Honored. That’s how I felt when Ashley asked me to contribute to the Overcome the Lie blog tour this month. Mostly because it’s not something I truly feel worthy of, because it’s a daily battle to overcome these little lies. But that’s why I’m sharing, because overcoming lies is an ongoing journey and one that we ought to be transparent with so we can adequately support one another.
What little lies am I writing about? They’re different for us all, well, sometimes they’re the same too which is why there is beauty in sharing. You learn that you’re not alone. And togetherness and camaraderie build hope, an alliance against the lies that are fighting for our spirits. For me, I’m overcoming the lies that creep in and burrow inside my heart, nesting where no one can see, but I can feel with every beat. The lies that take hold and stifle and sting. The ones that aim to brew self-pity and discontentment and frustration in my life. The lies that act like poison.
At the kick off of the new year our church started a new teaching and small group series following the book, Freeway. It’s a not-so-perfect guide to freedom and happened to time perfectly with this post. Last week, Max had his first happy Sunday in the one year old class – God ordained I tell ya – which resulted in these little truth nuggets from the sermon, bear with me because this is all building up to the lie that has been naggin’ at me most of all since becoming a mom.
- In order to be free, we must face our fears, lies, and pain by trusting that God is with us and we are more than conquerors with Him.
- There is a lot of deception that goes in in our souls, psychology can understand this, but God heals and brings true change.
- God helps us separate lies from truth.
- Your life is determined by where you go next.
You can watch/listen to the whole sermon here – it’s only 30 minutes long :) If you’re interested in the entire 6 week series it will be here as it comes available under “Freeway”.
So, the lie that nags at me the most, the one that I’m fighting and winning against bit by bit – is the lie that the appearance of my home is a reflection of who I am. Here’s a little of the back story …
Years ago when I set my heart on becoming a wife and mama I had dreams of pristine rooms, decorated beautifully and bursting with sunshine and happiness. Each and every cupboard was organized and my children played quietly while I whistled in the kitchen preparing a nutritious meal. My home resembled a blend of Anthropologie and Pottery Barn, but of course, one on a responsible budget. Shoot, most things were handmade by me and my expert crafting skills. I managed my domain a la Proverbs 31 and most assuredly claimed the title “homemaker of the year” annually. Each morning, birds flew in my open windows and helped fold laundry while tiny forest critters swept the floors … my children laughed and I fixed my hair before we sang our way out of the house on our day’s adventure.
It was like a Disney movie and a magazine photo shoot collided and I was the star. Except, I wasn’t. My “dreams” broke me.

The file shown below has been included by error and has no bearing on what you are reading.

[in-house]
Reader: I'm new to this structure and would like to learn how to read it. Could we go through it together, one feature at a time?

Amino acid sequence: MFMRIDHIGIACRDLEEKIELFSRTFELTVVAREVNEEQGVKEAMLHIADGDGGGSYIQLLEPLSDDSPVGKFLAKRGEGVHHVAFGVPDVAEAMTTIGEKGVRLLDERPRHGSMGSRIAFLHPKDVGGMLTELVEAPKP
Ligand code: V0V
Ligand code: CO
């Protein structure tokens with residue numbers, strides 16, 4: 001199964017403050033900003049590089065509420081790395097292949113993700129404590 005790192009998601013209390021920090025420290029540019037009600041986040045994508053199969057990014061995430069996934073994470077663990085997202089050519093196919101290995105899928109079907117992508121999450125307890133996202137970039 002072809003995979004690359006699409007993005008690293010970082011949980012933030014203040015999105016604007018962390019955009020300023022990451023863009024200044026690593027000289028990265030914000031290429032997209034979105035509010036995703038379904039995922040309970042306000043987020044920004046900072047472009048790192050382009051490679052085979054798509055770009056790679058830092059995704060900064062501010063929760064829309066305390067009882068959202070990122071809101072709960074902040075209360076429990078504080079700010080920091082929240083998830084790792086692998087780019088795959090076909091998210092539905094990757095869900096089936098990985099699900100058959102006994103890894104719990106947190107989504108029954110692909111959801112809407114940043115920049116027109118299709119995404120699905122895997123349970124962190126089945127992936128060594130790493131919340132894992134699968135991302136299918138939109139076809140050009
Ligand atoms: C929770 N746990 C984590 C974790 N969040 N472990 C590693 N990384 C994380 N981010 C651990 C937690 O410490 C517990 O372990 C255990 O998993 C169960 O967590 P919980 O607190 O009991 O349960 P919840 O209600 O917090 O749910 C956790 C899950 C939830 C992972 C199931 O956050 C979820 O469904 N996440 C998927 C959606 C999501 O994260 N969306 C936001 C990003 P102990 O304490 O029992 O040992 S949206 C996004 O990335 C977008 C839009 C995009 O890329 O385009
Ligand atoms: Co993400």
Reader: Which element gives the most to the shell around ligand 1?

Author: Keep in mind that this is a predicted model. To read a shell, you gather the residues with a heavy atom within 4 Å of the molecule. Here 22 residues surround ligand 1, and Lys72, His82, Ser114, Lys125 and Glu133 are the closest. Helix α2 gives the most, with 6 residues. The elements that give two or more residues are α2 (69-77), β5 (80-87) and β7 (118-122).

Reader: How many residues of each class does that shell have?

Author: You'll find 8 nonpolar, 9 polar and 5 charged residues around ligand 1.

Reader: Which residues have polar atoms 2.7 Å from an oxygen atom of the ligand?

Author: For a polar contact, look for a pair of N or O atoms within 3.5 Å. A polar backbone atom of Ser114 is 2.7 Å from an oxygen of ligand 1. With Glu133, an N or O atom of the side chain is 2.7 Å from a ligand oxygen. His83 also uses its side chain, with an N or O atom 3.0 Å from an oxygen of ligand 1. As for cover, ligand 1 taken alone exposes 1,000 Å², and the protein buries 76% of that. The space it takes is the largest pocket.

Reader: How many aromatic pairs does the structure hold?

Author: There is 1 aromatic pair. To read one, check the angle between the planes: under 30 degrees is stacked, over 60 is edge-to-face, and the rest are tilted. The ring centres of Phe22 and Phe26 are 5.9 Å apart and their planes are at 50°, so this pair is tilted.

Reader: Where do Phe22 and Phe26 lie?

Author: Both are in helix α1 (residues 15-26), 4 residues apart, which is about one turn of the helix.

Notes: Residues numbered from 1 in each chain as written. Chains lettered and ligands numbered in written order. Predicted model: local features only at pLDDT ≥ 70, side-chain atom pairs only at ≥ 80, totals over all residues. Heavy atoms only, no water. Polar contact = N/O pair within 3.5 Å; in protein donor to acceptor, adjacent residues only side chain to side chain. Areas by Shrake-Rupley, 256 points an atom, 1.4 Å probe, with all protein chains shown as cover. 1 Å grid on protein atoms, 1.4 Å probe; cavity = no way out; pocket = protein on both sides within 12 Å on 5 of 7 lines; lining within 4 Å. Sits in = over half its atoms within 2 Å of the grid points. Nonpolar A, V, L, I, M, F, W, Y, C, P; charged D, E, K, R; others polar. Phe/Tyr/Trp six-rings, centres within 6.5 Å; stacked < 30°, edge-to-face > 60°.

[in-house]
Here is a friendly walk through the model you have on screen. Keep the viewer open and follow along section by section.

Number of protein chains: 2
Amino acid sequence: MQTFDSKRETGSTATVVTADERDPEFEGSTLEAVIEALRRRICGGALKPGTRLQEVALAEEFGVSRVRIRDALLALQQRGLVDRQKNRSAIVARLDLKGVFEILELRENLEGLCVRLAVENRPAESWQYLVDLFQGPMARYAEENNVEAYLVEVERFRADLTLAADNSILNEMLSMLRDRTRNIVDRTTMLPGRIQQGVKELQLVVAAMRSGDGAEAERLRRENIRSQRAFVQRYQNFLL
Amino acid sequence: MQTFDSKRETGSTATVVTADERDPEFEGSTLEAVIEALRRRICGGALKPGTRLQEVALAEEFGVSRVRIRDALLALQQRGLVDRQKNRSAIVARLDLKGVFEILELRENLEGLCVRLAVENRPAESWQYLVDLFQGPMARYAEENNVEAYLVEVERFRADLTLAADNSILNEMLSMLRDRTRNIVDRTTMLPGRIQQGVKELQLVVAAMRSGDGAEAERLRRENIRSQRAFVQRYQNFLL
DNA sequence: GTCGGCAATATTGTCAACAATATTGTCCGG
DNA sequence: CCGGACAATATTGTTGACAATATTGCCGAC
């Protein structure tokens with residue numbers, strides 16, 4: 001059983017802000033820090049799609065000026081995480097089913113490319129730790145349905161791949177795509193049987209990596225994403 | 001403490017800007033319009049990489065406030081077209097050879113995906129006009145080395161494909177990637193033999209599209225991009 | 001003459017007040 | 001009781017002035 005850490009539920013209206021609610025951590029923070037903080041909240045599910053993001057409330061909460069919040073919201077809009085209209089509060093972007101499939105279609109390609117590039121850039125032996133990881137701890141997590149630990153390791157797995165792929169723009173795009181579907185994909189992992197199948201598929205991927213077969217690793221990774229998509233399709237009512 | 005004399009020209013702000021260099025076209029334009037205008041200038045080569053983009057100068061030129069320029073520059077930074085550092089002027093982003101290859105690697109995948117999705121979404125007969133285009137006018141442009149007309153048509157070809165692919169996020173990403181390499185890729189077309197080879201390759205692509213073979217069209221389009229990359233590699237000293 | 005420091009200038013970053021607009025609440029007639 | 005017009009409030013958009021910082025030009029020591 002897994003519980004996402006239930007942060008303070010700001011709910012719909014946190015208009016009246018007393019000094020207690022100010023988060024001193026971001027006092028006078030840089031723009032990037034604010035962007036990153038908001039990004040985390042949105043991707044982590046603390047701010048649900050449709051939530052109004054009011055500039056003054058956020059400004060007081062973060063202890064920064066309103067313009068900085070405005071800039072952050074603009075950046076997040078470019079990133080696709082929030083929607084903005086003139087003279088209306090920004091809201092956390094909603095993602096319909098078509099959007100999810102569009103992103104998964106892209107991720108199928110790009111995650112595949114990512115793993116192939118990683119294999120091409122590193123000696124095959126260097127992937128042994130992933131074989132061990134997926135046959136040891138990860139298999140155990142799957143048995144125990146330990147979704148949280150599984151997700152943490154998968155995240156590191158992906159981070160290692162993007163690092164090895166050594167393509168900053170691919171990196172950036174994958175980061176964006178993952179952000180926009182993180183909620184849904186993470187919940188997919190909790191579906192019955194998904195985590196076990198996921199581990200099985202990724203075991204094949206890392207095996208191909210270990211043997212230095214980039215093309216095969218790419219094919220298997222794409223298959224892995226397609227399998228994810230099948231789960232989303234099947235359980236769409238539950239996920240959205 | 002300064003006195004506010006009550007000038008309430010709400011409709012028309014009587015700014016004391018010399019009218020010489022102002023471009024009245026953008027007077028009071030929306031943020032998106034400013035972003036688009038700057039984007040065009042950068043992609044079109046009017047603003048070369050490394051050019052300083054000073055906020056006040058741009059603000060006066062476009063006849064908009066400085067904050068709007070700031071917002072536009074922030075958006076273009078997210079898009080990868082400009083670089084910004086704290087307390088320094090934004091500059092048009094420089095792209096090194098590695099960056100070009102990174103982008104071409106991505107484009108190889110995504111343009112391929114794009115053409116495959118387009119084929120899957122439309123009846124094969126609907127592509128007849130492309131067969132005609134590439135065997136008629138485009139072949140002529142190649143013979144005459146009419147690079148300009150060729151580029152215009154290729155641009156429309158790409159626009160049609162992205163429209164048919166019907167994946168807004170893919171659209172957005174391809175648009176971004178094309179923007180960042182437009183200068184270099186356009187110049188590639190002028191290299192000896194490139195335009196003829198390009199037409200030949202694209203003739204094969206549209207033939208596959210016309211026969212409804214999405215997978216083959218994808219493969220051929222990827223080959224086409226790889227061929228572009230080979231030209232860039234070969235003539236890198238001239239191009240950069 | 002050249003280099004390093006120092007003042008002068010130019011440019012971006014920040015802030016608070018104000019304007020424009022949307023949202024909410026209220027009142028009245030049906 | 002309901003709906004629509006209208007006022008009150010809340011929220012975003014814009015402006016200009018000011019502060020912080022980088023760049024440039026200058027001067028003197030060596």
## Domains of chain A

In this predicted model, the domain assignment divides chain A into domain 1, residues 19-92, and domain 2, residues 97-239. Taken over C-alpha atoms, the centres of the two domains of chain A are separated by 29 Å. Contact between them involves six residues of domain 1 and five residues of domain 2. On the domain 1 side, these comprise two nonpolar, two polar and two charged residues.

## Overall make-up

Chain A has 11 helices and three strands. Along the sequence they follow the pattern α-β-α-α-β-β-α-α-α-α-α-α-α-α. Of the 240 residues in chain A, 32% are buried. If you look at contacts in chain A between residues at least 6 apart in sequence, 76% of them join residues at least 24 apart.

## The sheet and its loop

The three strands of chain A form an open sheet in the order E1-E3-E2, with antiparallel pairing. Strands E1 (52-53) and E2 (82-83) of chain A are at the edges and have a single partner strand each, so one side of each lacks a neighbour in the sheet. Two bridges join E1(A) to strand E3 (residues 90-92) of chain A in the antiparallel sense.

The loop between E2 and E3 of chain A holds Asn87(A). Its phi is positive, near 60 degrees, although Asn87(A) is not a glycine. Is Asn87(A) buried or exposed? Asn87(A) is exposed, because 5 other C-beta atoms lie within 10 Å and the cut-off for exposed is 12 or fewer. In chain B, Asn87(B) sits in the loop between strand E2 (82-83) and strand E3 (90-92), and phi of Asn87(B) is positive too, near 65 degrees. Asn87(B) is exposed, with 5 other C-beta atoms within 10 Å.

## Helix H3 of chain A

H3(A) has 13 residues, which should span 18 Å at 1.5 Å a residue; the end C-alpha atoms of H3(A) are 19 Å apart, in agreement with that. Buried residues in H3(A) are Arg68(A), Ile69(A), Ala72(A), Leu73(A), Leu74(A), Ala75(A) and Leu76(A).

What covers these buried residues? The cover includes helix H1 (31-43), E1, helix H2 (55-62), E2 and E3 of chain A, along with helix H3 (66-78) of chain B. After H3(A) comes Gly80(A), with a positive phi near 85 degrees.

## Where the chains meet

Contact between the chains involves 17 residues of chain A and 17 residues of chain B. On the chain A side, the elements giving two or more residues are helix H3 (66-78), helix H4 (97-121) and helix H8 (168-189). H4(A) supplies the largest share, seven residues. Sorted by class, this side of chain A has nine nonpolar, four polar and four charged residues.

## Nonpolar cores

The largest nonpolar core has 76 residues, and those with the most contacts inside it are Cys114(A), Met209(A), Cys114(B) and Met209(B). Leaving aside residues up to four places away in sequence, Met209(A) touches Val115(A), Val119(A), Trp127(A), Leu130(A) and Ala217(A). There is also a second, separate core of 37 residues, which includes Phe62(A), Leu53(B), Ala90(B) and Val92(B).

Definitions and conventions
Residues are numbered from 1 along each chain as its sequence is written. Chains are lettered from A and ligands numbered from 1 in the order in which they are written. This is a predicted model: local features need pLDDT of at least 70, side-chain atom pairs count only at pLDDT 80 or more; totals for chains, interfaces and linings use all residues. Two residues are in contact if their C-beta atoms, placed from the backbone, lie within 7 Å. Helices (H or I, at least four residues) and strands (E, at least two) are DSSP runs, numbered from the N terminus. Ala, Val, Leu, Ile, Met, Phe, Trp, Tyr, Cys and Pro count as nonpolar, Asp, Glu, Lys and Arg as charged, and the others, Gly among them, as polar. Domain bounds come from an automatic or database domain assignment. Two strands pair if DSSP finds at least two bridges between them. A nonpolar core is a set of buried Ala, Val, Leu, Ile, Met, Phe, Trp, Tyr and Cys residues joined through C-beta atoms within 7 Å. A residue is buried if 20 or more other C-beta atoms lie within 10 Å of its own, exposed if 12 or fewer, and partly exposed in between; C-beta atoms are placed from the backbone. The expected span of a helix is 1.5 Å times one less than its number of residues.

Reality hit hard and my aspirations of a picture perfect home crumbled. I found myself striving for exterior perfection and thus, abandoning my heart. I succumbed to finding my worth in the state of my home and it wasn’t a pretty sight. I yelled at my children to pick up and when a friend called, needing to stop by for encouragement, I put her off, not wanting her to see half-dressed children gallivanting around the clutter while crunching crackers into the carpet. And somewhere in there Pinterest was born and threw another dagger at what could be, but wasn’t. I was sad and broken. I felt like my calling as a homemaker was a sham, just something to get through rather than thrive in.
One day, a few months ago, my husband and I were talking and he nonchalantly asked if I was going to pick-up before a friend came over. My response surprised me, because it revealed the lie I’d be festering in. I told him that no, I wasn’t going to pick-up, the friend who was coming over is one of my dearest and she didn’t care what things looked like when she arrived. She was coming to see me. Just me. Messy bun, nursing tank, toys all about, sticky counters me. And it wouldn’t matter, because the appearance of my home bears no weight on our friendship.
And that made me feel loved. It made me feel full of worth. Knowing that me, aside from my home, was valued.
And thus began the untangling of the lie I was living. I longed to be free of the connection between my home and my worth. Just as my friend didn’t bind the state of my home to our relationship, God didn’t either. He cares about my heart. He wants it to be the first thing I nurture – my heart and the hearts of those I love. Once those are flourishing, everything else will fall into place. It still won’t result in perfection, but it will result in peace.
My goal as a homemaker and friend isn’t to be perfect. My family deserve my attention and peaceful words even when there is vacuuming to be done. My friends deserve my time and listening ear even when there is clutter strewn about, my soul deserves rejuvenation and relaxation in the evenings even when there are dishes to be done. My Lord and Savior deserves my quiet, open heart so I can listen to the next lie he wants to help me overcome, the next mountain I need to move. As I learned in the sermon I referenced above, if my dreams don’t intimidate me, I’m not allowing God to fully move. And let me tell you, the dreams he has for me are far beyond that of a picturesque home. His dreams for me have eternal significance and it is those dreams that I want to grasp and carry forth.
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